The Employee Council. Although not a requirement of the tax reliefs, it is common for an EOT to elect an Employee Council. The Employee Council is a representative body elected from the beneficiaries (broadly the employees of the company) who are empowered to appoint and remove the EOT’s trustees and in many cases must be consulted with prior to the trustees exercising their voting rights.

The Share Valuation and Share Purchase Agreement (SPA). Since the EOT will purchase a controlling share interest in the company, it will be necessary for the EOT’s trustees (and Employee Council) to agree a share price with the selling shareholders and it is likely therefore that an expert Share Valuation will need to be carried out. Once agreed, the Share Valuation will form part of the SPA.

EOT Funding. One of the key questions for any prospective EOT arrangement is; how will the EOT fund the share purchase? There are a number of potential funding methods and each must be considered on their own merits and to meet the requirements of the company’s objectives:

  • Loan Funding. This can take several forms: (i) the trustees may borrow from the bank, (ii) the company may borrow money and onward lend it to the trustees, or (iii) the company may borrow money and make contributions to the EOT.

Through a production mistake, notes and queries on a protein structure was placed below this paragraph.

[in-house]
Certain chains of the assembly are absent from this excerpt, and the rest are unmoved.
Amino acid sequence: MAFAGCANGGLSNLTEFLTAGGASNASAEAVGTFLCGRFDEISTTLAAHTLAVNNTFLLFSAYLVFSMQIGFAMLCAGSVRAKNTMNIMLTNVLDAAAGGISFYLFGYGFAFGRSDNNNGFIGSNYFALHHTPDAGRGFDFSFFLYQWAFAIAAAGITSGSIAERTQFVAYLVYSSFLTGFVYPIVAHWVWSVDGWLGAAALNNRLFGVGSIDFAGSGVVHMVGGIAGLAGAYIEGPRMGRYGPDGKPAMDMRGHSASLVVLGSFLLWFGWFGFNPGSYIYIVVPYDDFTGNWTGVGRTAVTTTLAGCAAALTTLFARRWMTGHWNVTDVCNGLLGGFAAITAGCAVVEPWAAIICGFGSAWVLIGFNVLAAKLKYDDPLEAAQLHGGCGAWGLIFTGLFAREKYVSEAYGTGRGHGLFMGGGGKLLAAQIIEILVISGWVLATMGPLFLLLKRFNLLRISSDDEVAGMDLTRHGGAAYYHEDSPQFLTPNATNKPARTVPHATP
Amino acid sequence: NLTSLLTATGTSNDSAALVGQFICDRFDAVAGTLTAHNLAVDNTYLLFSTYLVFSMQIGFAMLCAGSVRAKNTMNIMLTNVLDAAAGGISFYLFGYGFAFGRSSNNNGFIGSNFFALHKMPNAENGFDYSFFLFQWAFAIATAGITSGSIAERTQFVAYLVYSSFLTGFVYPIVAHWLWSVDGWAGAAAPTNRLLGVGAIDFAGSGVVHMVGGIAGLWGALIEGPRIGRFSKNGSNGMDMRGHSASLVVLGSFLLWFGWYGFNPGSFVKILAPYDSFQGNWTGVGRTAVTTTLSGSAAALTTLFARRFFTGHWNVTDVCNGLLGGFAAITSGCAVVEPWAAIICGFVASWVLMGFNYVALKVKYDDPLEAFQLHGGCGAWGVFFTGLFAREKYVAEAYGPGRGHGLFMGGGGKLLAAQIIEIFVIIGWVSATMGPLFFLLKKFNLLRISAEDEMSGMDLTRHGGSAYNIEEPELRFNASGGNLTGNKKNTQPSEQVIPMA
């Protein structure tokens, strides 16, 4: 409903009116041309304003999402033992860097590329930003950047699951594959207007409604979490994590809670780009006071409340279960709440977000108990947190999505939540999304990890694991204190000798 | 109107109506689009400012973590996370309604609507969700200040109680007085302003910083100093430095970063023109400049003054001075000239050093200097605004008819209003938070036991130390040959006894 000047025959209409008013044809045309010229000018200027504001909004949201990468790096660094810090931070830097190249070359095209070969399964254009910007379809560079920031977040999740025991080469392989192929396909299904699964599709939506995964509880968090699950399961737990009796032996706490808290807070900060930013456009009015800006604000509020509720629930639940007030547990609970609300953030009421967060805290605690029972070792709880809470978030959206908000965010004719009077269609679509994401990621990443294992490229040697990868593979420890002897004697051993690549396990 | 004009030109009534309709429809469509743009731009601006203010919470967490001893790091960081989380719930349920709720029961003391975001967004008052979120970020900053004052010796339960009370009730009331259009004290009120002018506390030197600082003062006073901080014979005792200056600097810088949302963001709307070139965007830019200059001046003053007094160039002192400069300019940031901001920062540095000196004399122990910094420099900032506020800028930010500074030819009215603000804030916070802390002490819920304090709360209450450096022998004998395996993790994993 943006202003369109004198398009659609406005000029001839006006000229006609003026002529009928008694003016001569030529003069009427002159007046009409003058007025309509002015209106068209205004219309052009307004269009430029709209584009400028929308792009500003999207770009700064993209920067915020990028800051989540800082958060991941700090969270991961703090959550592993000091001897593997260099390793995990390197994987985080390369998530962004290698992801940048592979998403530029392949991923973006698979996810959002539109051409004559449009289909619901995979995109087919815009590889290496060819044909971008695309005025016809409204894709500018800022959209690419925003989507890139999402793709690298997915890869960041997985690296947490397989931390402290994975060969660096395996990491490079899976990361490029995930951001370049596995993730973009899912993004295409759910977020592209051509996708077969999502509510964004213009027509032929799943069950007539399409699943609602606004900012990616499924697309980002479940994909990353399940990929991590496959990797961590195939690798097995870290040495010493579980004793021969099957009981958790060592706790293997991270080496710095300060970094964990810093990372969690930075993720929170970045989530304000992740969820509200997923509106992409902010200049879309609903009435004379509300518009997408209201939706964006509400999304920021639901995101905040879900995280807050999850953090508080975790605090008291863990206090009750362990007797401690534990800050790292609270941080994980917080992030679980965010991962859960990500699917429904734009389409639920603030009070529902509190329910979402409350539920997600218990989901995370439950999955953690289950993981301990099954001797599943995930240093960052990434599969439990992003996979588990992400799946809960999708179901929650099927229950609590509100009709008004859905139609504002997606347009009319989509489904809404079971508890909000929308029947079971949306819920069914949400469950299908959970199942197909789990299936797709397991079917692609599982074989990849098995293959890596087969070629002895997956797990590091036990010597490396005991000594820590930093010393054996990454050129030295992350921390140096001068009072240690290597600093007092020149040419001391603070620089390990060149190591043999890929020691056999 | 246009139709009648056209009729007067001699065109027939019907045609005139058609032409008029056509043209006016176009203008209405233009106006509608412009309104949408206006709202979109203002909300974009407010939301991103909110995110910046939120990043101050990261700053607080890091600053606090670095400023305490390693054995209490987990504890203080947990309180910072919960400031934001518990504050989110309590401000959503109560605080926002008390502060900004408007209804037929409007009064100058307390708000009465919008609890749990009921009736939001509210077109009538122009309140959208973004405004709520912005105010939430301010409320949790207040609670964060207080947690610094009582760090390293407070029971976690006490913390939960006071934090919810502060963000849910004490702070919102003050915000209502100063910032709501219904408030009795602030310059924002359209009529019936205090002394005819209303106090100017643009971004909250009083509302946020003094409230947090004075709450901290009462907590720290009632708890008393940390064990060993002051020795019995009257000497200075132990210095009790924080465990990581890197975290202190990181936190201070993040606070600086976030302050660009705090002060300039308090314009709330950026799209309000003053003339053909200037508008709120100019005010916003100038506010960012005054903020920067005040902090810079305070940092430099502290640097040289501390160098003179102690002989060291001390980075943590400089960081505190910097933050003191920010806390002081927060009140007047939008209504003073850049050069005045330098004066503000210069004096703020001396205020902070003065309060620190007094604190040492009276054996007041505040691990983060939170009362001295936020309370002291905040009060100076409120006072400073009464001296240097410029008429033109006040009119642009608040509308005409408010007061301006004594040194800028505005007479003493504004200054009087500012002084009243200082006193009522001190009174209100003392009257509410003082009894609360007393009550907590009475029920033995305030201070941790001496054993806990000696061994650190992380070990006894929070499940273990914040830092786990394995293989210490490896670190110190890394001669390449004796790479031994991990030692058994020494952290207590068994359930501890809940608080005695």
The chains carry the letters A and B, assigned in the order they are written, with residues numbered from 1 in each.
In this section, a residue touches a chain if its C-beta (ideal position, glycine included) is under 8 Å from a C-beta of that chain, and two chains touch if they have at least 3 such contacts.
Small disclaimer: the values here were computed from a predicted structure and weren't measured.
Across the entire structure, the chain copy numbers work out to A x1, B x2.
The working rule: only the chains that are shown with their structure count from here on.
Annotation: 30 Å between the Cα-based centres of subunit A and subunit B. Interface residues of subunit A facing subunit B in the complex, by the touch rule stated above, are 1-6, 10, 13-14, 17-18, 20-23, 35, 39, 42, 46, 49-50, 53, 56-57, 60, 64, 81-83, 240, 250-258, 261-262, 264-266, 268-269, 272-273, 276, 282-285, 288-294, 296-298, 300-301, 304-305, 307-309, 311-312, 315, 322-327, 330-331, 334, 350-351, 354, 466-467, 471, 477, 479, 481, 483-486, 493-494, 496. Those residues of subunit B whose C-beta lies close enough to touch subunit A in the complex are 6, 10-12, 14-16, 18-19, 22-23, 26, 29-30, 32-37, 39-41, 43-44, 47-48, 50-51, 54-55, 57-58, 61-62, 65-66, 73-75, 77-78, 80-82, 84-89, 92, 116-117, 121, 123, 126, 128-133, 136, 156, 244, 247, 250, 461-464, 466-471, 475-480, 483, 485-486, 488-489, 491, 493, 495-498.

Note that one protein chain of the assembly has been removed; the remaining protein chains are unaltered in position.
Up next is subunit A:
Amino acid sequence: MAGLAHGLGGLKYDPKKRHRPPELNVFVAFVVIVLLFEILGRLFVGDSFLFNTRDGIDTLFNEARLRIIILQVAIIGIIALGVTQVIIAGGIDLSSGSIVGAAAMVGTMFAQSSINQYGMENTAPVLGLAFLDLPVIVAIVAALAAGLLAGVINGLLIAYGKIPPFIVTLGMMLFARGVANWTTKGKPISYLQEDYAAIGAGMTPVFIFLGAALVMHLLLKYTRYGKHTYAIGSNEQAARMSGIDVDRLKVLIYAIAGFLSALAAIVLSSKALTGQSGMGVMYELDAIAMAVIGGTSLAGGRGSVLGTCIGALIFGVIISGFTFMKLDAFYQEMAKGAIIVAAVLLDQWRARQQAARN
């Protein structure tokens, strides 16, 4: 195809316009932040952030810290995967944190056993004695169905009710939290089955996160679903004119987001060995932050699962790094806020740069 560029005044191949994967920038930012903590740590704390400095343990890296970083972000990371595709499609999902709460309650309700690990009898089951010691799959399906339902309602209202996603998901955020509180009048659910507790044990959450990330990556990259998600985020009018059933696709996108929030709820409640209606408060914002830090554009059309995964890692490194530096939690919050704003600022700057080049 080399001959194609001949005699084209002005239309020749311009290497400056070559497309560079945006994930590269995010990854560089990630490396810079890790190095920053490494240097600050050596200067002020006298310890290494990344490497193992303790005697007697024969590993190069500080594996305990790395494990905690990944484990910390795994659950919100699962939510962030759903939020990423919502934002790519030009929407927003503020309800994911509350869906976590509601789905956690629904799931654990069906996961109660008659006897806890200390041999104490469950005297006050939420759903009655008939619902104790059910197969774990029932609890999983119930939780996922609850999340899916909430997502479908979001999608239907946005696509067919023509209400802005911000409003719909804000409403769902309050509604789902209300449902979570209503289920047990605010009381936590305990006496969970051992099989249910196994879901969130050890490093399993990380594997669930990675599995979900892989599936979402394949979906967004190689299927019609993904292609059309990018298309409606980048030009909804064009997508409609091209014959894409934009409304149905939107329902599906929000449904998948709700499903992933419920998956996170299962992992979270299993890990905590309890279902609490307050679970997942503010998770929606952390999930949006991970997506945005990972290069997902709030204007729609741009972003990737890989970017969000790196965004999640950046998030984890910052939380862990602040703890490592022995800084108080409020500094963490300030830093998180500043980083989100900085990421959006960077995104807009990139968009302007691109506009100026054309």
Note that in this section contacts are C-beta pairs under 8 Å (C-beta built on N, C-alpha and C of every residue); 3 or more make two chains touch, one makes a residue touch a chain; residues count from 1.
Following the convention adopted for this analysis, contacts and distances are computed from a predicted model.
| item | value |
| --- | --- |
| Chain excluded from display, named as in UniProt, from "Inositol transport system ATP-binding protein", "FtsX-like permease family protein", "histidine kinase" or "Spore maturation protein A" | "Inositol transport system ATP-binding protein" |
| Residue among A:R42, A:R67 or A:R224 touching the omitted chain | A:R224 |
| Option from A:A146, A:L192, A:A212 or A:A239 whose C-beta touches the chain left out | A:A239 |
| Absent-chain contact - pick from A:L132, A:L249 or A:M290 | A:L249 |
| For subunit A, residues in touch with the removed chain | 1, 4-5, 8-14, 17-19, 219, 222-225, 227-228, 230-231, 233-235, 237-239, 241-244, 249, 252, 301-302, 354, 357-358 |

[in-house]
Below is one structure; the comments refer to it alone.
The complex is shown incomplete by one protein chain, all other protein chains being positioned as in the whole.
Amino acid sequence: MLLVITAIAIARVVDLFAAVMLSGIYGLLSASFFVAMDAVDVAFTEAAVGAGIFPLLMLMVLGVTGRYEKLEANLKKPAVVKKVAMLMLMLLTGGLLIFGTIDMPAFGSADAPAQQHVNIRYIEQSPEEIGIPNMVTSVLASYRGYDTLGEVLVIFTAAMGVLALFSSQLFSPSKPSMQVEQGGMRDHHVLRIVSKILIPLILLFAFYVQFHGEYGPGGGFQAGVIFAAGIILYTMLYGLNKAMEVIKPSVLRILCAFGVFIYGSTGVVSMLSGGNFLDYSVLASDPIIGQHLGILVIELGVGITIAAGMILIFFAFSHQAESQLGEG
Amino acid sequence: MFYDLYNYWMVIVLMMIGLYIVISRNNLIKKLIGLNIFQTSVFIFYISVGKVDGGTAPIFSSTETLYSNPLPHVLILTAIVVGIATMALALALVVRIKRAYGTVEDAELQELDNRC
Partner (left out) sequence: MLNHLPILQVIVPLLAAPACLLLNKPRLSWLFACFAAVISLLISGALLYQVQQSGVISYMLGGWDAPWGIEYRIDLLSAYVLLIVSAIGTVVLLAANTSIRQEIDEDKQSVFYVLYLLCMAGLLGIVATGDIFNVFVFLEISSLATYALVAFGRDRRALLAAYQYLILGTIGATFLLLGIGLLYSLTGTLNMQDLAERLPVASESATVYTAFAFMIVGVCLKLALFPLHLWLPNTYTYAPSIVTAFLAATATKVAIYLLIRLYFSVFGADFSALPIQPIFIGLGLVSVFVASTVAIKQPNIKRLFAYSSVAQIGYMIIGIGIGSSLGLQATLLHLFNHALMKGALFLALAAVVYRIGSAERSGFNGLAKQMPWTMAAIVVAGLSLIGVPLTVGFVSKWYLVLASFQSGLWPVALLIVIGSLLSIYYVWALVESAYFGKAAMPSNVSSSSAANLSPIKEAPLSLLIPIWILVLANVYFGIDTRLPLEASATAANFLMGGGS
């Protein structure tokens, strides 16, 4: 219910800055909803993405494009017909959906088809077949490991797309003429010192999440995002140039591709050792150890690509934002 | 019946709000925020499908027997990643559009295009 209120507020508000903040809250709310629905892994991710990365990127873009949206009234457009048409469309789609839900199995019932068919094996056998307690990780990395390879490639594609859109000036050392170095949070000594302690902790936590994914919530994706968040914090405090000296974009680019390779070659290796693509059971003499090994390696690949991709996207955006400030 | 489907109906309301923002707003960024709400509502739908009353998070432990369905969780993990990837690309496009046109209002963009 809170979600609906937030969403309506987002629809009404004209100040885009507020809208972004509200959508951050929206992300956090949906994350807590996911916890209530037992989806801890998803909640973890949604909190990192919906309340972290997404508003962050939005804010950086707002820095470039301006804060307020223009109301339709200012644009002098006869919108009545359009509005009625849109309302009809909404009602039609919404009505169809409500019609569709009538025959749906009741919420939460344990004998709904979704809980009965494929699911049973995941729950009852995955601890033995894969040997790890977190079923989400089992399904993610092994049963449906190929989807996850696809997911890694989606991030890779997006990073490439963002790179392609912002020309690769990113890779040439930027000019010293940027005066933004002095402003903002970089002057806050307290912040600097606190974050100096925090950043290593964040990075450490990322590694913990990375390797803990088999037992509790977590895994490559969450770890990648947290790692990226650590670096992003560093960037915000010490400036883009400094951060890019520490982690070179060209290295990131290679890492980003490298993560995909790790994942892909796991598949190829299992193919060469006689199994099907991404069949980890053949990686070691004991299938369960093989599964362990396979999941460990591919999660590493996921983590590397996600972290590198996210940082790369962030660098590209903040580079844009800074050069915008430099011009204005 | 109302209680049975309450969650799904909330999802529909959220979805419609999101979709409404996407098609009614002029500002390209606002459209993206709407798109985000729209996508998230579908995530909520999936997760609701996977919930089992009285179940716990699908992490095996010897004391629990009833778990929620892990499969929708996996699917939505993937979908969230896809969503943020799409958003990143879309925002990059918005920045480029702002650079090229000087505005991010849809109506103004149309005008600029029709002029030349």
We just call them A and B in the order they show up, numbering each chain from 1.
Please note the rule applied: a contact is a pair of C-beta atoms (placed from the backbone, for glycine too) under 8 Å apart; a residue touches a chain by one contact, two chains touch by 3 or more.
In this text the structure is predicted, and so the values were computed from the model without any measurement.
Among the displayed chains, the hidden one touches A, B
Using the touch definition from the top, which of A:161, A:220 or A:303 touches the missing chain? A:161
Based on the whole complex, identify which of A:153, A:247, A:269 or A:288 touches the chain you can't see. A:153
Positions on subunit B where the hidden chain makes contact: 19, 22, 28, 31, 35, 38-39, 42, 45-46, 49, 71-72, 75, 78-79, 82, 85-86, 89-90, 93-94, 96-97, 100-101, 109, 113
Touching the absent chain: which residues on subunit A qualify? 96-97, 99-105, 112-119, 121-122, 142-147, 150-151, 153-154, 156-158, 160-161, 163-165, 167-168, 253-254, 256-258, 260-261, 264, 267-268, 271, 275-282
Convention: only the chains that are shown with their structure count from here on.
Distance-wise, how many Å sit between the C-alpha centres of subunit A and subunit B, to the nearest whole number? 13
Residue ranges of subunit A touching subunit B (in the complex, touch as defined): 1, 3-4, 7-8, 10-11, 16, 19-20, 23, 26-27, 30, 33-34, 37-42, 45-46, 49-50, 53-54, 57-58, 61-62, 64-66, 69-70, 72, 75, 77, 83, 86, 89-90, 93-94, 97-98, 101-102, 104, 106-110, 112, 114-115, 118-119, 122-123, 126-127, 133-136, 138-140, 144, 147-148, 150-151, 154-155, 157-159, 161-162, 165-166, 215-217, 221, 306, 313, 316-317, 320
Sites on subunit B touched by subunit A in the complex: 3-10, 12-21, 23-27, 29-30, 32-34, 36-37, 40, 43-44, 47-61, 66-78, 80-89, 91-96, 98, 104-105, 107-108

• Voluntary Contributions. Whether the company has sufficient cash deposits or takes out a bank loan, it may use these funds to make voluntary contributions to the EOT.
  • Deferred Consideration. The shareholders could sell their shares on a deferred payment basis, with instalments being paid by the EOT over a number of years.

Why Choose an EOT? Tax Advantages and Requirements

The Tax Relief Requirements.  In order to set up a qualifying EOT and for the shareholders and EOT to access the tax reliefs available, the company and EOT must meet a number of stringent requirements. Broadly these are:

  • The Trading Requirement – the company must be a trading company or the principal company of a trading group;
  • The All-employee Benefit Requirement – the property settled on the EOT must be applied for the benefit of all eligible employees on equal terms;
  • The Controlling Interest Requirement – the EOT must own and continue to own more than 50% of the company’s ordinary share capital, the majority of voting rights and be entitled to more than 50% of the company’s profits and assets on a winding up; and
  • The Limited Participation Requirement –  Following the sale, the number of people who are both 5% participators and employees or officeholders of the company (plus the number of people who are employees and officeholders that are connected with them) must not exceed 40% of the total number of the company’s (or group’s) employees.